The State of the Crew Change Crisis
Here at V.Group we’ve been working tirelessly with our customers to aid the plight of seafarers that are currently stuck at sea due to restrictions put in place because of COVID-19.
And, with many countries across the world going into a second phase of lockdown measures and the uncertainty continuing, we spoke to two captains who have recently made it home after long stints at sea to get their views on the crisis and what more can be done.
Captain Pavlo Gusyev – Failed Crew changes and last-minute alterations
Captain Pavlo Gusyev has recently returned home after six months at sea, a contract that lasted almost four months longer than intended. His experience was typical of the experience of many seafarers. Having had a number of attempts to be repatriated fail that included travelling to Guinea, India, Singapore and finally Reunion Island where after having a PCR test on the dockside he was finally cleared to go home.
Captain Gusyev remarks: “It was incredibly frustrating for everyone involved as things were changing very quickly and quite often at the last minute. I am one of the lucky ones that actually managed to get signed off. Many of the crew are still on board with no idea of when they will be going home.”
The captain believes that governments need to do more to alleviate the crisis and need to work together more to ensure crews are not being demoralised and demotivated by not being able to go home.
Captain Gusyev goes on to say: “The biggest problem isn’t the extension of contracts; as seafarers we are used to that. The problem is the uncertainty that the crew change will actually ever happen due to fast changing rules. This can greatly impact the mental health of the crew which will eventually lead to accidents and unsafe working. Something that is totally unacceptable on a vessel.”
Captain Maria Janellana – Uncertainty and poor information is impacting mental health
Captain Maria Janellana has also recently been repatriated after a 10-month contract, one that was only meant to last four months. Her vessel was actually in a shipyard in China ready for its special survey when news of the pandemic broke and China went into lockdown meaning she spent more than two months in the shipyard. In January her first officer went home and she was expecting to go home a couple of weeks later, however this was not meant to be and her ship got moved to the Gulf region. She then had another crew change scheduled in Fujairah which once again was cancelled due to lockdown measures.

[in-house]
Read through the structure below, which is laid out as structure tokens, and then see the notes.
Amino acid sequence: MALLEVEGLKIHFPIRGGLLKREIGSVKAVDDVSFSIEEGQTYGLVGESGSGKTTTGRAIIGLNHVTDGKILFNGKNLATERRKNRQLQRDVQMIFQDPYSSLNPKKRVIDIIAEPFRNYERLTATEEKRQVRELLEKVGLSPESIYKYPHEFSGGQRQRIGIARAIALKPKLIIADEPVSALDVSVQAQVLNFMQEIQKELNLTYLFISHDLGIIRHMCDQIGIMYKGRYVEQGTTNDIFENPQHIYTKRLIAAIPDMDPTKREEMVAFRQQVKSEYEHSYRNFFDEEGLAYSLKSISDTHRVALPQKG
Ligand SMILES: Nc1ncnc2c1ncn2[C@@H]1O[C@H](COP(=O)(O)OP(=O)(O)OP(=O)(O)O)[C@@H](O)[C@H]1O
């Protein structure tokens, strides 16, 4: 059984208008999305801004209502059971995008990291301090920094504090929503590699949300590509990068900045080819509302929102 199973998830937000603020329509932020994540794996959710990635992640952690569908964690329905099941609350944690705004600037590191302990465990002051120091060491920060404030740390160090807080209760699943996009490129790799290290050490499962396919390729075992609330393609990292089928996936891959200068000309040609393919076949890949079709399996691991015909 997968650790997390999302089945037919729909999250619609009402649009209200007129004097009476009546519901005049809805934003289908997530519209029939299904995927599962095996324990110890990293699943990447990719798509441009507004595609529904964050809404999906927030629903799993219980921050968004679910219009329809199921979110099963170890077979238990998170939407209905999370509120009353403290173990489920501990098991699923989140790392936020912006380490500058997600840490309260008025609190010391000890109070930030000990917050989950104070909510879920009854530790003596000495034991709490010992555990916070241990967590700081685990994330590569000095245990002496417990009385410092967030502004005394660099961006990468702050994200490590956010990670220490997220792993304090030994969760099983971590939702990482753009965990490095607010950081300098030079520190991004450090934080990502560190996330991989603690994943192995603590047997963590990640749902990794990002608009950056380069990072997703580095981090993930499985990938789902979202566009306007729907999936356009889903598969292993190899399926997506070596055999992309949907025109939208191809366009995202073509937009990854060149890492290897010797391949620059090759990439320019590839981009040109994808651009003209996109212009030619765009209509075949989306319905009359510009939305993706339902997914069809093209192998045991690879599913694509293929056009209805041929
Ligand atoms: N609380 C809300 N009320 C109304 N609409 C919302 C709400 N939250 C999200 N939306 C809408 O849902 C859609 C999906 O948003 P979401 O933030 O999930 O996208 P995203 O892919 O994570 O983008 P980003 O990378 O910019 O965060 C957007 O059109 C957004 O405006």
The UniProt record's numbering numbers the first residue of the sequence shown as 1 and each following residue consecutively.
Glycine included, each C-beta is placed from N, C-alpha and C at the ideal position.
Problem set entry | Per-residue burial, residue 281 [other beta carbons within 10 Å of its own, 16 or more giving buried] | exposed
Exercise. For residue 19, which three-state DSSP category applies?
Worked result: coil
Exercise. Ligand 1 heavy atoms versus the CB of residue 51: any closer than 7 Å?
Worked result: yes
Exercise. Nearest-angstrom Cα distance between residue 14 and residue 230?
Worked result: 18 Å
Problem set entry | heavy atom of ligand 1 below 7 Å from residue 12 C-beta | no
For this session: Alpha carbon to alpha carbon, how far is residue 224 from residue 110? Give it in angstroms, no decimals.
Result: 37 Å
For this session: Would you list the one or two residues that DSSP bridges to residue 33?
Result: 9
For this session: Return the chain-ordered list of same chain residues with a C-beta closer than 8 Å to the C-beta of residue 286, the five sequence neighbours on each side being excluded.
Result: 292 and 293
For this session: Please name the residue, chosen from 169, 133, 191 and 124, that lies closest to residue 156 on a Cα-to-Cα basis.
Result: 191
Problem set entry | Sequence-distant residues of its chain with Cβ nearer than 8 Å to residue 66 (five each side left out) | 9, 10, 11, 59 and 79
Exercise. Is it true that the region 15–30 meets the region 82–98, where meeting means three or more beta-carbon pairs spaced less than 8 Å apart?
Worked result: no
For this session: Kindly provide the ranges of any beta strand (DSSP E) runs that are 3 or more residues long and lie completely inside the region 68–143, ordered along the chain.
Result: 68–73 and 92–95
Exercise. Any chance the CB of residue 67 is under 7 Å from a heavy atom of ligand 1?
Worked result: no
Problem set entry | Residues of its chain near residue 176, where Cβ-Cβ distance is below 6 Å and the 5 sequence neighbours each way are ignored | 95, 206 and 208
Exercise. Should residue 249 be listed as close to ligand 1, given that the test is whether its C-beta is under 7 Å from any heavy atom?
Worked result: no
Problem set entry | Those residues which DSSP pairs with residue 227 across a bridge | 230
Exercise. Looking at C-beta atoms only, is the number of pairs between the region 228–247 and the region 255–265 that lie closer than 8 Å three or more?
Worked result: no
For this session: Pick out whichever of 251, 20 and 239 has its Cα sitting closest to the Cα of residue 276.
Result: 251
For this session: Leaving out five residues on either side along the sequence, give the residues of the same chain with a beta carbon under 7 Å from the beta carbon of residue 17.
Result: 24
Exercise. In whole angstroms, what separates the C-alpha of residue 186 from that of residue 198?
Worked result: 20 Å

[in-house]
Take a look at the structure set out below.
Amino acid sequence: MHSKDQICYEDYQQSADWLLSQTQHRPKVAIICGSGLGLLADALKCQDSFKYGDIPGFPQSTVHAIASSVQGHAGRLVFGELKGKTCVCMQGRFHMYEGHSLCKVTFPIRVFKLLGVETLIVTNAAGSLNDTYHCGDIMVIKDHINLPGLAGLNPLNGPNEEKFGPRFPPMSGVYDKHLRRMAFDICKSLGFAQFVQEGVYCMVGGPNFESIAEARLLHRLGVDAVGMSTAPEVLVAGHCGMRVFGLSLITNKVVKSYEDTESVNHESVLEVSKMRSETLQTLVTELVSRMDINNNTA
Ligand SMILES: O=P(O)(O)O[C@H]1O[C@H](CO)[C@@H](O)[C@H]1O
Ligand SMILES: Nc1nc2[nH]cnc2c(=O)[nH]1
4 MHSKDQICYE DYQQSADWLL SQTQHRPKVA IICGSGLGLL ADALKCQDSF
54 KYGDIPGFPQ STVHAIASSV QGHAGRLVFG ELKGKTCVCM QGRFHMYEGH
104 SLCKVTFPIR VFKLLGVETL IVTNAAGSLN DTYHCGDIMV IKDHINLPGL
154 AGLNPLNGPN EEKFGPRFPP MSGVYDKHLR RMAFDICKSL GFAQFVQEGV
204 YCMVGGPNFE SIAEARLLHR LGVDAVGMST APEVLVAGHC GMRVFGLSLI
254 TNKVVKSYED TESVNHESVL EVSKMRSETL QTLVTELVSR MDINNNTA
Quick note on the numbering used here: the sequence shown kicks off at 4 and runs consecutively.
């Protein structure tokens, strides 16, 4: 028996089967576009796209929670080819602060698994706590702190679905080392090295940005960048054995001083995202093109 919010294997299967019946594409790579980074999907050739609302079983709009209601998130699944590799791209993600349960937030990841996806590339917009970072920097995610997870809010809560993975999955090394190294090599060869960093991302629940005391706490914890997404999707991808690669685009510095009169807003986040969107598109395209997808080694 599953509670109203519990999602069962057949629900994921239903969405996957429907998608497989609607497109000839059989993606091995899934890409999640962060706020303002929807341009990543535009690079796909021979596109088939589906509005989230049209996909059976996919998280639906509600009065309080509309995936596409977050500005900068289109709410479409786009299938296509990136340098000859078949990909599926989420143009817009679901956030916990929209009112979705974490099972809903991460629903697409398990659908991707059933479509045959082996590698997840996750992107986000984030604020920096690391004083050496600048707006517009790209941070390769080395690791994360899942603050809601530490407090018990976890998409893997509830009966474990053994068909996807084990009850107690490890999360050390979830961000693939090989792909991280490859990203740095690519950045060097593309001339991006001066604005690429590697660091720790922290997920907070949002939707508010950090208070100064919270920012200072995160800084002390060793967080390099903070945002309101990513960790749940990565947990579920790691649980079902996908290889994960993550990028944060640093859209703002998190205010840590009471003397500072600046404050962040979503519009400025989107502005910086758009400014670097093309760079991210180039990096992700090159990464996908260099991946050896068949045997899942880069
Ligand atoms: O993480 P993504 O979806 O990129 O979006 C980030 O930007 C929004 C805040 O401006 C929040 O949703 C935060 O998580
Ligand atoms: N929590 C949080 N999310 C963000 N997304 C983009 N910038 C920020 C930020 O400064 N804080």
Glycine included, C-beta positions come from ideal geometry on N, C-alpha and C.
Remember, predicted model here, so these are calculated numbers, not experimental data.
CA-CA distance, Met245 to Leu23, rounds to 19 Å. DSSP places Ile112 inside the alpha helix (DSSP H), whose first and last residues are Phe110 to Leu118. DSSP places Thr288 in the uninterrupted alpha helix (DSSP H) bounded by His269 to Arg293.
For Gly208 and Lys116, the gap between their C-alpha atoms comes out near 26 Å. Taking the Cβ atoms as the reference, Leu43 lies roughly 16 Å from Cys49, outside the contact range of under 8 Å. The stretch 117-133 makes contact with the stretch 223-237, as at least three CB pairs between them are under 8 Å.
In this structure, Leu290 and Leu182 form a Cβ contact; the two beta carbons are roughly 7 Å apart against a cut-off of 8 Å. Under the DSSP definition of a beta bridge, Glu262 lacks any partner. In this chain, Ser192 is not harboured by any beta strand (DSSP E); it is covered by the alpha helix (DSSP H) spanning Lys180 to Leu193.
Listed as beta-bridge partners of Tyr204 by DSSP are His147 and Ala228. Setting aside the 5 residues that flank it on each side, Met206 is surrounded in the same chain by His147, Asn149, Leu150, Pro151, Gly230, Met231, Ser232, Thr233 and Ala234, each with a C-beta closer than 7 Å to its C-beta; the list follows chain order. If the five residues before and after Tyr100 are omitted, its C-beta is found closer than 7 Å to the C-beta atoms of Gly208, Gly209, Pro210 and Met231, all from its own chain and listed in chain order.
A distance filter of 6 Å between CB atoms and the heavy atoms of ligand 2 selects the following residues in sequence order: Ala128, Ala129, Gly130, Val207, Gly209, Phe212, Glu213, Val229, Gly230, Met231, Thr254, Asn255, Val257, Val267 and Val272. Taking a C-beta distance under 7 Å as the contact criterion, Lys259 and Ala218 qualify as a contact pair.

The captain comments on the situation: “As seafarers we are used to last minute changes of destination and contract extensions but in this case it was the complete uncertainty that really affected people. We live and work by routines and when we do not know what is happening from one day to the next it can be very taxing on the mental health of the crew.”
Capt. Maria believes that one of the biggest problems is the lack of concrete information and access to help for those struggling with the situation.
She goes on to say: “When up to date information isn’t available, it can instil a false hope among the crew. And when things change at the last minute it can really affect morale and negatively impact relationships onboard the vessel.”
Both the Captain and the crew were incredibly grateful for the service provided by V.Group and the vessel owners to help those seafarers struggling with mental health issues saying that they were a lifeline for many onboard. However, in her final comments Captain Maria Janellana believes that governments need to work harder to keep the maritime industry in the loop with clear and concise information to avoid any uncertainty.
The situation continues
To date, V.Group, in collaboration with its customers, has repatriated almost 25,000 seafarers across the globe but understands that the job is not done and that the industry needs to continue to work together to put the welfare of seafarers at the heart of all activity during these challenging times.
Speaking directly to seafarers stranded at sea, many with expired contracts, Graham Westgarth, CEO at V.Group, said:
“This is a subject that really occupies my mind, day and night. Not just my mind but also my team. It is our number one priority and I want you all to understand this.
“We’re working with our customers, we’re working with the legislators, we’re working with the travel industry, we’re working with port authorities and we’re working with the media to try and raise the understanding of the necessity to actually change the regime so that seafarers are treated as keyworkers.
“Unfortunately, I can only say that we haven’t been as successful as we would like to have been. That’s not down to what we’re doing in V.Group but it’s really an industry wide issue.
“But I wanted to assure you that we are doing whatever we can – not just us – we have many customers who are incurring significant expense to try and alleviate the situation.”